Salvage yards in Arkansas are affected by various environmental regulations, depending on the activities conducted in the yard. These regulations are to prevent the release of liquid hazardous materials such as oils and lead-acid battery contents into the soils, groundwater, and surface waters and the release of air conditioning refrigerants such as chlorofluorocarbons (CFCs) into the atmosphere. Contamination can occur at many stages of salvage operations. Soil, groundwater, and air contamination can occur during vehicle disassembly and fluid drainage operations. Contamination can also result from the improper storage of parts, fluids, and refrigerants.
DEQ Enterprise Services staff offers free, non-regulatory assistance to auto salvage yard operators to aid in understanding and complying with environmental regulations. DEQ has compiled helpful information in the Environmental Guidebook for Arkansas's Automotive Dismantlers and Recyclers. The following information about National Pollutant Discharge Elimination System (NPDES) permits and Stormwater Pollution Prevention Plan (SWPPP) is from the guidebook:
NPDES Permit and SWPPP Frequently Asked Questions
You need an NPDES Industrial Stormwater General permit if:
- Your facility dismantles automotive vehicles to recover, use, or sell used parts
- Your facility has a primary or secondary Standard Industrial Classification (SIC) Code of 5015 or 5093 (for example, if your primary source of income is the sale of used vehicles [SIC Code 5521] but your second most important source of income is the sale of used parts [SIC Code 5015])
- Rain (stormwater) runs off your business property or could run off the property to any ditch, canal, stream, or lake or to a city storm sewer (different from sanitary sewer) through a curb, gutter, ditch, drain inlet, wetland, or other surface water body
For paper copies of the NOI and SWPPP, contact the Stormwater Section of the Water Office at DEQ, 5301 Northshore Drive, North Little Rock, AR 72118, 501-682-0623.
Send DEQ a completed NOI, SWPPP, and check for $200.
The NPDES Industrial Stormwater General Permit requires facilities to write and implement a Stormwater Pollution Prevention Plan (SWPPP), conduct annual employee training on spill cleanup and good housekeeping, and conduct quarterly and annual inspections of their property as well as sample annually and complete a Stormwater Annual Report (SWAR) by January 31st each year.
A Stormwater Pollution Prevention Plan (SWPPP) is a document that:
- Describes the facility and its operations
- Identifies potential sources of stormwater pollution at the facility
- Specifies appropriate Best Management Practices (BMPs) or pollution control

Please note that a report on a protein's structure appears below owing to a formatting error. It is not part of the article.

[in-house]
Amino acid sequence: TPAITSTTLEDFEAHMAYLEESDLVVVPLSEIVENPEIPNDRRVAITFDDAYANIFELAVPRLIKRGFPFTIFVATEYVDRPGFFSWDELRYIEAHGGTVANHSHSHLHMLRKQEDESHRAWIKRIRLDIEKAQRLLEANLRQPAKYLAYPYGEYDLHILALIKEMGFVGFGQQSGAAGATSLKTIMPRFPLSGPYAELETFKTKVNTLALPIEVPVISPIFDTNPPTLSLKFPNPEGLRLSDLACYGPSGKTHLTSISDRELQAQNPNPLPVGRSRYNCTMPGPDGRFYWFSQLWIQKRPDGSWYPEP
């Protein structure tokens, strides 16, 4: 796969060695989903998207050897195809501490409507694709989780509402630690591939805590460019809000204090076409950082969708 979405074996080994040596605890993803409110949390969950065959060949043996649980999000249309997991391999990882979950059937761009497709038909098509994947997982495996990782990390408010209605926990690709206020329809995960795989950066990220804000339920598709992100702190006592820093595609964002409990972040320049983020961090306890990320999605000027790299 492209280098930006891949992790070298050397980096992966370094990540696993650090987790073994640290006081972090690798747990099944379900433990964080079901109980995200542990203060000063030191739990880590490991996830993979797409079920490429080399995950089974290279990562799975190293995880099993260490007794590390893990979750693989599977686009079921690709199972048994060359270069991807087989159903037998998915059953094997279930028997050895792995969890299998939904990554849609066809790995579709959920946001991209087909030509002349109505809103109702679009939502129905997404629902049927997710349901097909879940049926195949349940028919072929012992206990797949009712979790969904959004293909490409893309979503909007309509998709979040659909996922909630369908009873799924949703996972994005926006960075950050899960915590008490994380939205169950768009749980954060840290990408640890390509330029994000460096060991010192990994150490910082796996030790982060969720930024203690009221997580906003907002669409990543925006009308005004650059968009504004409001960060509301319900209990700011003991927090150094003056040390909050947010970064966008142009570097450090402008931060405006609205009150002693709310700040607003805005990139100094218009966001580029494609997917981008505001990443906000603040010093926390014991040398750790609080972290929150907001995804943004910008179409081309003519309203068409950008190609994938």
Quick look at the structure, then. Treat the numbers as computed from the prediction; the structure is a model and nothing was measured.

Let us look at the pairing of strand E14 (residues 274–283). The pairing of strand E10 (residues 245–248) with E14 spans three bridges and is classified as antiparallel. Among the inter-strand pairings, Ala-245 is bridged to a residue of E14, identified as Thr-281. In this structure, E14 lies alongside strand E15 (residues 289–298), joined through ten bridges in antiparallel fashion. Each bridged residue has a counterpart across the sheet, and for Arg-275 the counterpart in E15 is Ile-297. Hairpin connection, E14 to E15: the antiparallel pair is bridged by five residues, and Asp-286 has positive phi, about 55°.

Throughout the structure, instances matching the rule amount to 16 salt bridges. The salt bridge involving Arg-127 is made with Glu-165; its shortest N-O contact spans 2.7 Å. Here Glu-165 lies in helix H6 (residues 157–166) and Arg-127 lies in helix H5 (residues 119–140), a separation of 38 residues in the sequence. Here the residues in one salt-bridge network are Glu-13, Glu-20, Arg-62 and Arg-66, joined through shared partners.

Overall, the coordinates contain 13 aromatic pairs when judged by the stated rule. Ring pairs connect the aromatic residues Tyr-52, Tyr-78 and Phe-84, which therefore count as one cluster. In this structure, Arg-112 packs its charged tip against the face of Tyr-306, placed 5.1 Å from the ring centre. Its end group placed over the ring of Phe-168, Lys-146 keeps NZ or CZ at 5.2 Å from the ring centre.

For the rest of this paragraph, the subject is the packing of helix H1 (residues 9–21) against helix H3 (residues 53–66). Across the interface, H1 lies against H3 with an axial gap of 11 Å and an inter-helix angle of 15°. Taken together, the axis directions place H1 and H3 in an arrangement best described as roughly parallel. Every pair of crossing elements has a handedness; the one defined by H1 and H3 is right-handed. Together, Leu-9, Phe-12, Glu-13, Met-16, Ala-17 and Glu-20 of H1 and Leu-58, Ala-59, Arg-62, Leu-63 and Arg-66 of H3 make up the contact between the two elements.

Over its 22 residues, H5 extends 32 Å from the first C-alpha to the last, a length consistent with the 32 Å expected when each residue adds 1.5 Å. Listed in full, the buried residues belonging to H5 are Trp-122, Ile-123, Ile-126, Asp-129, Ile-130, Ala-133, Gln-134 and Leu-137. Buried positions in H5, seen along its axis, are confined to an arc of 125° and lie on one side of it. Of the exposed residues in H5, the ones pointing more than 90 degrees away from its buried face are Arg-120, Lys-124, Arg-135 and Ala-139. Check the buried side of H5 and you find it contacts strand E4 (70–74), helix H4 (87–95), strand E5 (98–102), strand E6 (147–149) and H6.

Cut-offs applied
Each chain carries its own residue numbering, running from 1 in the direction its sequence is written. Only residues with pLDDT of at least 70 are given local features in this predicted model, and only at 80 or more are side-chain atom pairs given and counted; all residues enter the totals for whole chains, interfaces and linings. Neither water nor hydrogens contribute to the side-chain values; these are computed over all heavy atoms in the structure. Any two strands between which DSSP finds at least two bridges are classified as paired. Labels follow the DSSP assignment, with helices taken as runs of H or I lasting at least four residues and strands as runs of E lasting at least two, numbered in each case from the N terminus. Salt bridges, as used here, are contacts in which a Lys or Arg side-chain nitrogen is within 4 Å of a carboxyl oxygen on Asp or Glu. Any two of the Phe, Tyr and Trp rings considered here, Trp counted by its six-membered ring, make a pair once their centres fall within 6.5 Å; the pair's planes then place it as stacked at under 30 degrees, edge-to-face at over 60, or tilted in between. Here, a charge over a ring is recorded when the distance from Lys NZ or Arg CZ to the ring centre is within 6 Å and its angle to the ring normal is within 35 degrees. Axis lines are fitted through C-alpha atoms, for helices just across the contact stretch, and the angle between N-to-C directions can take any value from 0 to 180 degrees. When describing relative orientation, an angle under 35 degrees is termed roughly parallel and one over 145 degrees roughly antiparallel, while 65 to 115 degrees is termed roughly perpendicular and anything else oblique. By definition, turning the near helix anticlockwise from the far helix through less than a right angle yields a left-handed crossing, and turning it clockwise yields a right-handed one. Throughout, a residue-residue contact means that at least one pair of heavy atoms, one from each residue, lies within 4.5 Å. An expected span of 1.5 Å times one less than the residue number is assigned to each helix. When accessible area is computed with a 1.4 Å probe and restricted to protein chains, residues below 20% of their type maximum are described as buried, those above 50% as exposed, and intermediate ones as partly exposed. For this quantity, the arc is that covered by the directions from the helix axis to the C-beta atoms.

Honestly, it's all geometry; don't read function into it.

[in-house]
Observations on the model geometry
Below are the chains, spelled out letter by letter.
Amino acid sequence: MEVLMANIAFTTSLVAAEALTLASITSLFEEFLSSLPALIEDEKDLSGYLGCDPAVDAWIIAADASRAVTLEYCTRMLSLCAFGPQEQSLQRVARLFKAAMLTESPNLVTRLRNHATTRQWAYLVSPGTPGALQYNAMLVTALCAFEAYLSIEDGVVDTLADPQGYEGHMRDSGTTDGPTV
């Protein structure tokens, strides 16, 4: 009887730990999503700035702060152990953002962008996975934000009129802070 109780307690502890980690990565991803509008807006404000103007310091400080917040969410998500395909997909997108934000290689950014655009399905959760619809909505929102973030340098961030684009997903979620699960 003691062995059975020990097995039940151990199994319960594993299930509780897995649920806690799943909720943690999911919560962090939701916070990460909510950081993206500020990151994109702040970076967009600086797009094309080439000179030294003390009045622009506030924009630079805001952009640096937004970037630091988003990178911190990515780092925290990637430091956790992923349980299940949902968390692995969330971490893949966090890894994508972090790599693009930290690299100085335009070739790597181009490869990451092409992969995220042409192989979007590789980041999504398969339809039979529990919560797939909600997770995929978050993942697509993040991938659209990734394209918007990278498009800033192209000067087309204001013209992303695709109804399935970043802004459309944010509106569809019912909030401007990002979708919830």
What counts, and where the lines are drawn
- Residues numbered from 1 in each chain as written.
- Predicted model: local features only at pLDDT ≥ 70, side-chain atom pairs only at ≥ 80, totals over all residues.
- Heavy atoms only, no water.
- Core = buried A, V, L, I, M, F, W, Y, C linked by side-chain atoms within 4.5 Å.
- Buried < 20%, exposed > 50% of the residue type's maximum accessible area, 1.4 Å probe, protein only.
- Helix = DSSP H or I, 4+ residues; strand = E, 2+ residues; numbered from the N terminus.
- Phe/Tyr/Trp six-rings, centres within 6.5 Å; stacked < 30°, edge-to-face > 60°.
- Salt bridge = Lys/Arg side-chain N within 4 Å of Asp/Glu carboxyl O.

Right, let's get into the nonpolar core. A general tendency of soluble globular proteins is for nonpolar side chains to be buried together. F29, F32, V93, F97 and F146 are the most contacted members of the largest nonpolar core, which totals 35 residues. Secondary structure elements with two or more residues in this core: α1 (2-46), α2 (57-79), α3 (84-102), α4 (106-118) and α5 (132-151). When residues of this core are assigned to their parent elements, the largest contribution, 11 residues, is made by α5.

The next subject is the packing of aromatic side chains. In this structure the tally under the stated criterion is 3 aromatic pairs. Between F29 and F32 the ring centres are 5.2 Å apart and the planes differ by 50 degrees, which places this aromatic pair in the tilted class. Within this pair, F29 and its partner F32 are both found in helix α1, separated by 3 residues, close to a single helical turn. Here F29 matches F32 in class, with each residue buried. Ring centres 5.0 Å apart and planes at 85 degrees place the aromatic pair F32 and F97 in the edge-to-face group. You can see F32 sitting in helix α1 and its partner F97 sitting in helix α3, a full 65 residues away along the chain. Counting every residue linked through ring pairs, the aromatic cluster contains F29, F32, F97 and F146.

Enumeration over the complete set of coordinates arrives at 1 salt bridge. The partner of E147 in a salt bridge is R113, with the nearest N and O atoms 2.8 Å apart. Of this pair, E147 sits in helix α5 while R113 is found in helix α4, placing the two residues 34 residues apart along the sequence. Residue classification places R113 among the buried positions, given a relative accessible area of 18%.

- Measures to reduce the discharge of pollutants in stormwater runoff and provide for periodic review of the SWPPP
The SWPPP outlines your plans to continually ensure that potential pollutants are not exposed to rain or stormwater. The goal is to eliminate or minimize the chances of polluting stormwater that would leave your facility. You will be expected to review the success of your SWPPP and to make changes to the SWPPP as needed.
All facilities are required to sample once per year. All industries are required to sample for Total Suspended Solids (TSS) and pH, but some SIC codes require additional sampling. SIC code 5093 also requires the following additional samples: Chemical Oxygen Demand (COD), Oil & Grease (O&G), Total Aluminum, Total Copper, Total Iron, Total Lead, and Total Zinc. The samples must be analyzed by a certified laboratory. The measurement must be taken for pH within 15 minutes of collecting the sample. For additional information regarding sampling, please reference the Industrial Stormwater General Permit Section 3.
All facilities are required to submit an Annual Report, even if monitoring requirements have been waived, that includes findings from site inspections (including visual monitoring of outfalls) and any corrective action plans written under Part 3.11.2. Stormwater Annual Reports (SWAR) must be completed by January 31 each year for the previous January-December reporting period. The report does not need to be submitted to DEQ, but maintained on-site with the previous year’s sampling results. The documents will be reviewed at the time of inspection.
Submit following documents to apply for an industrial stormwater permit:
Word versions of these forms and templates can be found in the Industrial Stormwater Program in DEQ's Water Office.
- Stormwater Discharge Monitoring Reports (DMRs)
Stormwater DMRs are also required. Beginning December 21, 2016, Arkansas NPDES permittees are required to submit discharge monitoring reports (DMRs) electronically using the web-based tool NetDMR. Permittees can complete reports that are specific to their permit limits and transfer them to the EPA through a secure internet application.